Treasury Secretary Yellen just announced that the government will hit the debt limit this Thursday! and will run out of accounting tricks to rob Peter to pay Paul as of June 19th. That’s if Congress doesn’t raise the debt ceiling. Meanwhile, House Republicans are, in so many words, threatening a default on federal debt if the Democrats won’t agree to major cuts in Social Security, Medicare, and other entitlement benefits.
The cuts in Social Security would likely include a phased increase in the system’s full retirement age from age 67 (to which the system is quickly heading) to 70. The cuts in Medicare would likely include a rise in its age of eligibility from the current 65 to 67 or higher. Raising these ages would, via the phase-ins, continue the postwar tradition of passing the generational buck, i.e., making our kids and grandkids pay, in this case in the form of reduced benefits, for all the tax cuts and benefit increases that both parties have enacted over the years.
Expropriating our progeny to the benefit of ourselves is immoral. Who does this to their children? It’s also slowly transforming the American Dream into the American Nightmare. But our national Ponzi scheme is now seven decades old. Every administration, including supposedly conservative ones like Eisenhower’s, has expanded our red ink. Most of the expansion has been off the books.
Hence, the new House Republicans, with all their delusions about election theft and more, are, to their credit, absolutely right to be concerned about our nation’s fiscal condition. Indeed, they, and we, should be terrified. Our country is, quite simply, broke. Our fiscal gap — the present value difference between the projected (by the CBO — Congressional Budget Office) path of outlays and the projected path of receipts — is, by my latest estimate, $41 trillion — almost two years of GDP!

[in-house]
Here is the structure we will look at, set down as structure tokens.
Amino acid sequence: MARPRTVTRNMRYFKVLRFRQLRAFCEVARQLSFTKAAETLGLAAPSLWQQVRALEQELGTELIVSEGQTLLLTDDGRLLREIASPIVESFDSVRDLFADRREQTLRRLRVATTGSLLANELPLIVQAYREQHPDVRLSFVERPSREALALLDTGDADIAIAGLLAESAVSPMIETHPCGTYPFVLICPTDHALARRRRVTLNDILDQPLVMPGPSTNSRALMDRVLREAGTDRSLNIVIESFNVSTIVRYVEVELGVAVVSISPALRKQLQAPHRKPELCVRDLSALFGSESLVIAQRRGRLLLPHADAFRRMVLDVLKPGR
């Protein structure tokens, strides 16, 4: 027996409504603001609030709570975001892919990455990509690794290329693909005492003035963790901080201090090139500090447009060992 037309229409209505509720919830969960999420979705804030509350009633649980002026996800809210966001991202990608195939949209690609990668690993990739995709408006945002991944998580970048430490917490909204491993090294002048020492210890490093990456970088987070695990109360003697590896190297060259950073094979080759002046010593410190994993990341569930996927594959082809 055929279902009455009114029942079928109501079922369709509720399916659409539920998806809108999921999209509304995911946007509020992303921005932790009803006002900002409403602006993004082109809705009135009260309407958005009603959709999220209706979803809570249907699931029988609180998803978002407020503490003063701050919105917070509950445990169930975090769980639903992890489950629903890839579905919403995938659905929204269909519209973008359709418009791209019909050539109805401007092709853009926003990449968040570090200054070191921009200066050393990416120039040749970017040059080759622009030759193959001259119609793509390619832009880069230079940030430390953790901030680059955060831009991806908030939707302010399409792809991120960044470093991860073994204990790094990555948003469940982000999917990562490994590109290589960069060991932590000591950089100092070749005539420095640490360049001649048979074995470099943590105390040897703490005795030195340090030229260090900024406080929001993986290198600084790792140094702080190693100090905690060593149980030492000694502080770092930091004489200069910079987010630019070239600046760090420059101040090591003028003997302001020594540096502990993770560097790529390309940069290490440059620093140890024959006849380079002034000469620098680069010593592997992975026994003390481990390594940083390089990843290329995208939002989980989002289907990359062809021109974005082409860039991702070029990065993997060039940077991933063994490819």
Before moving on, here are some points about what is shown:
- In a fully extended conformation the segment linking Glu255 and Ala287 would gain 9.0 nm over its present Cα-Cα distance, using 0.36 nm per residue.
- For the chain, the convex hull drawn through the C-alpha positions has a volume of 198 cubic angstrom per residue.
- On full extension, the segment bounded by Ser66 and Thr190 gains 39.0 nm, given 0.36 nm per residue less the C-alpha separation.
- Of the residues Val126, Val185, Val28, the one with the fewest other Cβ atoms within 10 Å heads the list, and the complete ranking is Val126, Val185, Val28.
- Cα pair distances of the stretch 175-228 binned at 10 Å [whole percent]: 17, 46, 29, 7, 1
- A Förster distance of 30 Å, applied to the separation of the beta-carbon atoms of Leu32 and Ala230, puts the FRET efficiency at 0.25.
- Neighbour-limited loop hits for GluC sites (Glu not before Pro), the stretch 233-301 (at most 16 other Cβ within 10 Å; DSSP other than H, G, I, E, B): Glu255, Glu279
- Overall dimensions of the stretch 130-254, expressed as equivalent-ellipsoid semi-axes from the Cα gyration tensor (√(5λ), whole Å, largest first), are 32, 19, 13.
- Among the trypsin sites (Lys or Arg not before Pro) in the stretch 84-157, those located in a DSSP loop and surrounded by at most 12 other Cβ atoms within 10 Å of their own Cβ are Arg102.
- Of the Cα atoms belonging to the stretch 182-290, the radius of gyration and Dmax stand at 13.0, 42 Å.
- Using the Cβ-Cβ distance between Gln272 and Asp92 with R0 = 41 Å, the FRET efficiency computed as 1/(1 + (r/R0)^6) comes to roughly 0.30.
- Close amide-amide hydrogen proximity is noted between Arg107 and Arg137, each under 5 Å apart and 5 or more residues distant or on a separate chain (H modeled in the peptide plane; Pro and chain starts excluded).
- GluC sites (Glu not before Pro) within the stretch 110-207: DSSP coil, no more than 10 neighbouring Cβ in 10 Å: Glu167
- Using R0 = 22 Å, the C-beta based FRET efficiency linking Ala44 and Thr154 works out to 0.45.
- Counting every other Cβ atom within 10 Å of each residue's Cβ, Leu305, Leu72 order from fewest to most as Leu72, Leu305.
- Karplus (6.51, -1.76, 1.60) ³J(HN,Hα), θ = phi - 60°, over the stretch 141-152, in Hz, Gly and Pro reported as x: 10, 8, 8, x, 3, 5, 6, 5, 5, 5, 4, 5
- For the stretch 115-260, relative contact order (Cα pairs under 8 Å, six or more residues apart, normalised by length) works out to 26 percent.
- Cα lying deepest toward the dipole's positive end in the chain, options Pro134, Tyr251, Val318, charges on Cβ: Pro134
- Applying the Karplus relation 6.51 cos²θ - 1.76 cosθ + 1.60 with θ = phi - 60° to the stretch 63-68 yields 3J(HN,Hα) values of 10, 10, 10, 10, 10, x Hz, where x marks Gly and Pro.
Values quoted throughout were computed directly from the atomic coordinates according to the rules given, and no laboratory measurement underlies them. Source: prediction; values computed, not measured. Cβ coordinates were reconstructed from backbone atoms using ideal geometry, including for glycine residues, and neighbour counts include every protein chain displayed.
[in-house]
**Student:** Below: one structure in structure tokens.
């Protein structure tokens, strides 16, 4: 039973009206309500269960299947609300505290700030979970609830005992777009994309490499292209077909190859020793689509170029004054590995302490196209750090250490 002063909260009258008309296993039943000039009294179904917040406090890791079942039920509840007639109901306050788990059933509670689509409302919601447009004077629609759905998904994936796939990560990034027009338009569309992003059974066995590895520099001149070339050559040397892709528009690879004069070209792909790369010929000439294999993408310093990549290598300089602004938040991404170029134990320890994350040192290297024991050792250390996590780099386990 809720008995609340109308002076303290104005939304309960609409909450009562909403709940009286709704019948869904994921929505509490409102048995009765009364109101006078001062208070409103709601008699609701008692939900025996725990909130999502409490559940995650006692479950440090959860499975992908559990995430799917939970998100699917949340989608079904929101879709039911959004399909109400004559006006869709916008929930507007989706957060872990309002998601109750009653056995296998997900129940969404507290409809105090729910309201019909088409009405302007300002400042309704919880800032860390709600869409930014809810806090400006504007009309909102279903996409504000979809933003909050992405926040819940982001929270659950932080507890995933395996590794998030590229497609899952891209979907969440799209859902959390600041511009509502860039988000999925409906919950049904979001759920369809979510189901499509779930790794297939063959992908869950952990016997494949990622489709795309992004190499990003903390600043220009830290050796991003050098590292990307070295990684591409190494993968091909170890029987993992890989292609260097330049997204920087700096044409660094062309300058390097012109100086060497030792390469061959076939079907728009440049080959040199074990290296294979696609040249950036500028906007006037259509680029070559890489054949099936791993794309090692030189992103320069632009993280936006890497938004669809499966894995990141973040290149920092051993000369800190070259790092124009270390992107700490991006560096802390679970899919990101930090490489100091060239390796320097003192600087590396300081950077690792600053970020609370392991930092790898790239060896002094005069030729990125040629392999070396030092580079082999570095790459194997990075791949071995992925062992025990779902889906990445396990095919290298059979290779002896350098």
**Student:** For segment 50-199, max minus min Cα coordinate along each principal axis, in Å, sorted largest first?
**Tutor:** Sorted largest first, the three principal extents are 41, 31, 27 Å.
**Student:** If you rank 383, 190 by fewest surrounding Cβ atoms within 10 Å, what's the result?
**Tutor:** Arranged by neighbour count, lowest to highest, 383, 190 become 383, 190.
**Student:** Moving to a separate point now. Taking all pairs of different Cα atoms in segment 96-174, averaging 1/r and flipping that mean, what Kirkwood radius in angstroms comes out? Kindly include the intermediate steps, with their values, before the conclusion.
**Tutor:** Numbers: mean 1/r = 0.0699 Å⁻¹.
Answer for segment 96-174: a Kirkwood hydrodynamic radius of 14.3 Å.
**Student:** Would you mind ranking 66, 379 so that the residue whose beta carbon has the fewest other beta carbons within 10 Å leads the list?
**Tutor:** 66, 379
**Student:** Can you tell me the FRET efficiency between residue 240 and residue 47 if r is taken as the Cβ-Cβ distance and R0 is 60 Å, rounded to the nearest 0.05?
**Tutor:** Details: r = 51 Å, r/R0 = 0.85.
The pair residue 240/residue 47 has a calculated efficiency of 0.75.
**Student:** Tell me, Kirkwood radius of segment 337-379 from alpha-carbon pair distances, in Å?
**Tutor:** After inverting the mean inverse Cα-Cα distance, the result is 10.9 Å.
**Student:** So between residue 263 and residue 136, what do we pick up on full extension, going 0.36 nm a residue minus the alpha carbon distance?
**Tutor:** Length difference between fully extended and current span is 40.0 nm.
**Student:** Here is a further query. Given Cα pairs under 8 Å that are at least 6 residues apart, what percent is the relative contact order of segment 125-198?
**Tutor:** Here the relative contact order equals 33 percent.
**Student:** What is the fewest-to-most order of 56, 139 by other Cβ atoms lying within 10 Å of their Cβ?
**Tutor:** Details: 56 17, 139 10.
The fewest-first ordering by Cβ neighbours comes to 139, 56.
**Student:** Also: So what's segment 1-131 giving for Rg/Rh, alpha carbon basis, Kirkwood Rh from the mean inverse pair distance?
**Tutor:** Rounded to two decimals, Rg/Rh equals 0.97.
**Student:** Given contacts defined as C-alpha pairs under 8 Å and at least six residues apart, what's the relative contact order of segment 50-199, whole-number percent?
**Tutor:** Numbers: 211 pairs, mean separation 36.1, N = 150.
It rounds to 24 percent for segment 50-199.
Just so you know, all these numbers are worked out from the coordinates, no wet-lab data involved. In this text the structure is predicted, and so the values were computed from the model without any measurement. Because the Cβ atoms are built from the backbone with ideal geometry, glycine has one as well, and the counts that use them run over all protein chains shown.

This is a smaller figure than I’ve calculated in the past because it discounts the government’s projected cash flows at the theoretically more appropriate real return to U.S. national wealth — 6.5 percent since 1950. Using this more appropriate higher discount rate also lowers the present value of the projected future path of GDP. The ratio of the two figures is 7.7 percent. This means we need to collect 7.7 percent more in taxes, every year starting now, to cover all the future spending the CBO projects. Alternatively, we need to immediately and permanently lower the path of federal spending by 7.7 percent of each future year’s GDP. Or we can do neither of these things and dig an even deeper hole for our kids.
How do you come up with 7.7 percent of GDP annually in extra taxes? One way is to immediately and permanently raise all federal taxes by 41.3 percent! Another is to immediately and permanently cut all federal spending, apart from interest payments on official debt, by 35.3 percent! These adjustments are miles beyond what anyone in Congress realizes is needed. The reason is they are looking at the wrong number — the official debt, not the fiscal gap.
If I’m Speaker McCarthy, I start by passing THE INFORM ACT — the bipartisan Intergenerational Financial Obligations Reform Act introduced by Senators Thune and Kaine in 2013. (FYI, I helped write the bill.) This bill compels the CBO, OMB, and GAO to do fiscal gap accounting on a routine basis. Again, this accounting puts all our off-the-books debts on the book.
What about closing the fiscal gap?
When I ran for President in 2016 as a write-in candidate, I gave this careful thought. Here’s my platform. It has lots of novel and relatively tolerable ways to close the fiscal gap without shooting our economy in the head by defaulting on the debt.